When the leaf spring 22 is in its lower position, against the stop 26, the coupler is enabled, and light emitted by it is returned by reflection from the leaf spring to produce an electrical output signal indicating that the bell crank, and also the needle, are in one half of their cycles. when the leaf spring is at its upper limit position, in contact with the coupler 24, the coupler is inhibited, the leaf spring blocks light from reaching the receiver face of the coupler from whatever source, and the coupler cannot produce an output signal in the positive sense, that is, an output signal indicating transmission of light from the emitting face to the receiving face of the coupler. This condition indicates to the reading circuit that the bell crank 12 and the meter needle 16 are in the other half of their cycles.
As desired, electrical circuit components (shown, but not separately designated) may be mounted on the base 10 along with the mechanical parts herein described, and they form no part of the present invention. They may be chosen by the designer to conform to the reading circuit of his system. A cover plate 28 is preferably provided to protect the mechanism from dust and any other deleterious effects found in general use. In the preferred embodiment the cover plate 28 serves also as a retainer to secure the movable parts such as the bell crank 12 and the C-spring 20 upon the base 10.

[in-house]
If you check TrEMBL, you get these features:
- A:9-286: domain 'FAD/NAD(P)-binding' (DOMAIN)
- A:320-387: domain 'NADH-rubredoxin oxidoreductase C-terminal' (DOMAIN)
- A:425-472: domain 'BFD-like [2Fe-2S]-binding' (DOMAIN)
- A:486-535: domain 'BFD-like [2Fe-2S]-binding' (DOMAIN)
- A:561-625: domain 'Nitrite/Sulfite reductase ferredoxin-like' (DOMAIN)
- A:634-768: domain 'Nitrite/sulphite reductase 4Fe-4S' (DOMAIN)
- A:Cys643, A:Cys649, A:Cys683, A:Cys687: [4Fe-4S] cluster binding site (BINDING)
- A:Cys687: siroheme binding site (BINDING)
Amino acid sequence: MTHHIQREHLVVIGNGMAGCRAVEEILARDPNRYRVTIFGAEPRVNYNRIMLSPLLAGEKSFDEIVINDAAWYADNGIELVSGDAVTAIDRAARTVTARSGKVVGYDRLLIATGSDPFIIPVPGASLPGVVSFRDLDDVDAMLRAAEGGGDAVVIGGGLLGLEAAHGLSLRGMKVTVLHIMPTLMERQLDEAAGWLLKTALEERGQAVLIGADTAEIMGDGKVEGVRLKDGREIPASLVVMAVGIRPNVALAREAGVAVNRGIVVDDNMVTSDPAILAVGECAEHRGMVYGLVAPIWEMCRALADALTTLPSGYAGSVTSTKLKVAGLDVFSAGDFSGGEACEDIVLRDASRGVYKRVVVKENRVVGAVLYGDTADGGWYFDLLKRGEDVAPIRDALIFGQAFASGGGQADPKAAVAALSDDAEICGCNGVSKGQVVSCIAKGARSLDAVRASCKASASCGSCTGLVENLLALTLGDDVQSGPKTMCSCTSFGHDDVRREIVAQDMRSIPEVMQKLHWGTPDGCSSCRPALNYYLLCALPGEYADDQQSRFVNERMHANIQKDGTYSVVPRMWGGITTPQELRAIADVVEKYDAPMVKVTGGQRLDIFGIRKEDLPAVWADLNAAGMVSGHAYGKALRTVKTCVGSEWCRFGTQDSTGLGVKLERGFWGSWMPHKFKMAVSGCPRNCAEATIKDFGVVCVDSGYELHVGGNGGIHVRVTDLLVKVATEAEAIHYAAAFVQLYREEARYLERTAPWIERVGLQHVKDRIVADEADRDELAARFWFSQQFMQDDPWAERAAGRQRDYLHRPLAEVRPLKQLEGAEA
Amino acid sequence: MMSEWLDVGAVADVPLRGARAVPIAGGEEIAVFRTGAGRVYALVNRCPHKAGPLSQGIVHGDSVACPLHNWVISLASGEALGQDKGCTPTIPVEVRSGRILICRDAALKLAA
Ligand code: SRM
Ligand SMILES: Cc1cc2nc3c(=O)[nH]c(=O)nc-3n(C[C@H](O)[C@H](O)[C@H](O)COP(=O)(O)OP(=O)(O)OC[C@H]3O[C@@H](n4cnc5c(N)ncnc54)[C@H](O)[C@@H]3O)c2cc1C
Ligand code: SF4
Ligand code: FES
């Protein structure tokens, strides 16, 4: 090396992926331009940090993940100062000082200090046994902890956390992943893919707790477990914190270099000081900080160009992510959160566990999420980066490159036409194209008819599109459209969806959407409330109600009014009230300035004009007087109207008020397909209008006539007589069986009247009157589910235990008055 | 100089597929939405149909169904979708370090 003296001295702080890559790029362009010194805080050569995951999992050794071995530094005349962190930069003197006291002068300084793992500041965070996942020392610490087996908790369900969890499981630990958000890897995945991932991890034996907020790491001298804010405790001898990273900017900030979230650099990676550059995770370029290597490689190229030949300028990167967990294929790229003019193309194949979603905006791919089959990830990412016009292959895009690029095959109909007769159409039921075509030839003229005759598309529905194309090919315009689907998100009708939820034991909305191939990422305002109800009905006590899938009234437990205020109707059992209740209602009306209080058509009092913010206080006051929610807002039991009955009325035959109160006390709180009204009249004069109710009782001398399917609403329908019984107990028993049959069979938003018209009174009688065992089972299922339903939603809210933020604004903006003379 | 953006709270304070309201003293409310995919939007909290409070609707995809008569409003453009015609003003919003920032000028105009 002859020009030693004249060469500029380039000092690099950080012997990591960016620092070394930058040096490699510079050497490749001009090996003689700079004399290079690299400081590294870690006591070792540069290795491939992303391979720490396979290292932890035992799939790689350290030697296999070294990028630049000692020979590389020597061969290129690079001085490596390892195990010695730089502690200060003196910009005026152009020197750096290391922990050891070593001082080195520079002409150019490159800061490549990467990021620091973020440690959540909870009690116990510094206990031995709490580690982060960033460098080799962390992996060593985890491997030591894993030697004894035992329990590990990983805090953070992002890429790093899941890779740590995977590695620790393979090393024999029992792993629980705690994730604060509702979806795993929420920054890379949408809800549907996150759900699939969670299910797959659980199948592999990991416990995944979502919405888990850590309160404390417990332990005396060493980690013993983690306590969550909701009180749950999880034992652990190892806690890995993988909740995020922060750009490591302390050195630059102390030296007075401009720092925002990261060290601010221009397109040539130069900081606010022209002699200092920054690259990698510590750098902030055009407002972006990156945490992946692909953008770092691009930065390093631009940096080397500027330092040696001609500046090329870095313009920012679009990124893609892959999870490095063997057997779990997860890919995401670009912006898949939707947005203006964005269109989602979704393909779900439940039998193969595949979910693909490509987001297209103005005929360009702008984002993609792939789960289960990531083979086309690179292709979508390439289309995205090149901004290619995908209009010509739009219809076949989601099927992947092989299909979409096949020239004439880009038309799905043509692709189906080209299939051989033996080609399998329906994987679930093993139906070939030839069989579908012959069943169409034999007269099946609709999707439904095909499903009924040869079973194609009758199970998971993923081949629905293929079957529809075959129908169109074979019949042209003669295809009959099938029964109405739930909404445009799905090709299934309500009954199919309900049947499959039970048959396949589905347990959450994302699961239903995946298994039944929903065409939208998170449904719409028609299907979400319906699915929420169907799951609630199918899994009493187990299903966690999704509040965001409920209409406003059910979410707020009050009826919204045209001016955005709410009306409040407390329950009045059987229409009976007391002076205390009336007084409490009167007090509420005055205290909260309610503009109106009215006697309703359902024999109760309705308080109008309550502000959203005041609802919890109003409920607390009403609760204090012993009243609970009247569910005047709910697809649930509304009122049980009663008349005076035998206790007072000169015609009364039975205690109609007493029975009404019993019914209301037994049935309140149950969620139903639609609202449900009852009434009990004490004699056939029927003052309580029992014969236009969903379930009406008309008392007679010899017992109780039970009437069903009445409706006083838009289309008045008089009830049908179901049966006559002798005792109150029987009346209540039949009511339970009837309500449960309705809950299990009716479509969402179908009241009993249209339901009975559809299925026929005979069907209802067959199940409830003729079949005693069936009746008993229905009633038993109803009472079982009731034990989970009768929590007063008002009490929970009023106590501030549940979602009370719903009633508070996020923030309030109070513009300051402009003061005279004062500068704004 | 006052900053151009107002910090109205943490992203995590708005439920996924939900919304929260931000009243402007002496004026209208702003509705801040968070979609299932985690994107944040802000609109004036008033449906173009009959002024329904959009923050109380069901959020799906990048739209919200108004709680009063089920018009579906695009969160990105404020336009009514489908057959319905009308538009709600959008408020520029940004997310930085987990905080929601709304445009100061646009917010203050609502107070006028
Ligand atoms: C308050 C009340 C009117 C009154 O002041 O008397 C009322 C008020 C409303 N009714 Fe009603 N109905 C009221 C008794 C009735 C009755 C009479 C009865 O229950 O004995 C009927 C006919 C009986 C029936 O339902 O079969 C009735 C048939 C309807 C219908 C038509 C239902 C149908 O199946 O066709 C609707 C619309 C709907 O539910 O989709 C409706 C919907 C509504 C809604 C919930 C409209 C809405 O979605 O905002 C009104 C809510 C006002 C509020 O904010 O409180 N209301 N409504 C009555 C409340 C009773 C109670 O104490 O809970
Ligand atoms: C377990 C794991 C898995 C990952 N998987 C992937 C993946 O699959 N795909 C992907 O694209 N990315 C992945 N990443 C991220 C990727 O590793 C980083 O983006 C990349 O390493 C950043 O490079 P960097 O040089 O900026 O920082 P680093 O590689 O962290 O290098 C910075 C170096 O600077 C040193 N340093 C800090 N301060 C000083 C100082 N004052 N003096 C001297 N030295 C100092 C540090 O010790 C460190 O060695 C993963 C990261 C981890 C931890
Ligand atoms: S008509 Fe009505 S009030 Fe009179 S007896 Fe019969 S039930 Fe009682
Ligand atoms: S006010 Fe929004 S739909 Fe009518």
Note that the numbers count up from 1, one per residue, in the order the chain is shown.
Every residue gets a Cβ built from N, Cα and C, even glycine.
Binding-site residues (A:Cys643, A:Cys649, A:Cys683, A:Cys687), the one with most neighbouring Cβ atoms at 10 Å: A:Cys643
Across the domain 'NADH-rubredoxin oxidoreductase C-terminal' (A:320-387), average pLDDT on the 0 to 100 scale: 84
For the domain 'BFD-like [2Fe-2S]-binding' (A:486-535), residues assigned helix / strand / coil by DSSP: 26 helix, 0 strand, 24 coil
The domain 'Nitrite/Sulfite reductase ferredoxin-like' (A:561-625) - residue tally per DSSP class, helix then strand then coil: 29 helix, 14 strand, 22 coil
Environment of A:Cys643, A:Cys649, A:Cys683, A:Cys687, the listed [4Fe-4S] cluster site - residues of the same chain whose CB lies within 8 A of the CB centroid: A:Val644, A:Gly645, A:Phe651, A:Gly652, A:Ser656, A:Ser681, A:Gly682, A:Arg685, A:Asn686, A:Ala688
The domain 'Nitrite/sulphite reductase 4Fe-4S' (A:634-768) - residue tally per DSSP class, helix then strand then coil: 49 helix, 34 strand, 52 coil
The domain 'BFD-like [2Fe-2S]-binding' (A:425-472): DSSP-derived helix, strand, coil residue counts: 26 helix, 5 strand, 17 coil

The bell crank 12 may be molded of polystyrene or formed of any other durable material, as desired. The C-spring 20 is preferably formed of a synthetic resin. A polyimide resin marketed under the tradename Kapton by the DuPont Corporation has given very satisfactory results in endurance tests. Springs made of this material have been tested and found to have substantially longer life than comparable springs made of other materials such as stainless steel or phosphor bronze. In addition, they are relatively immune to corrosion in ordinary atmospheres.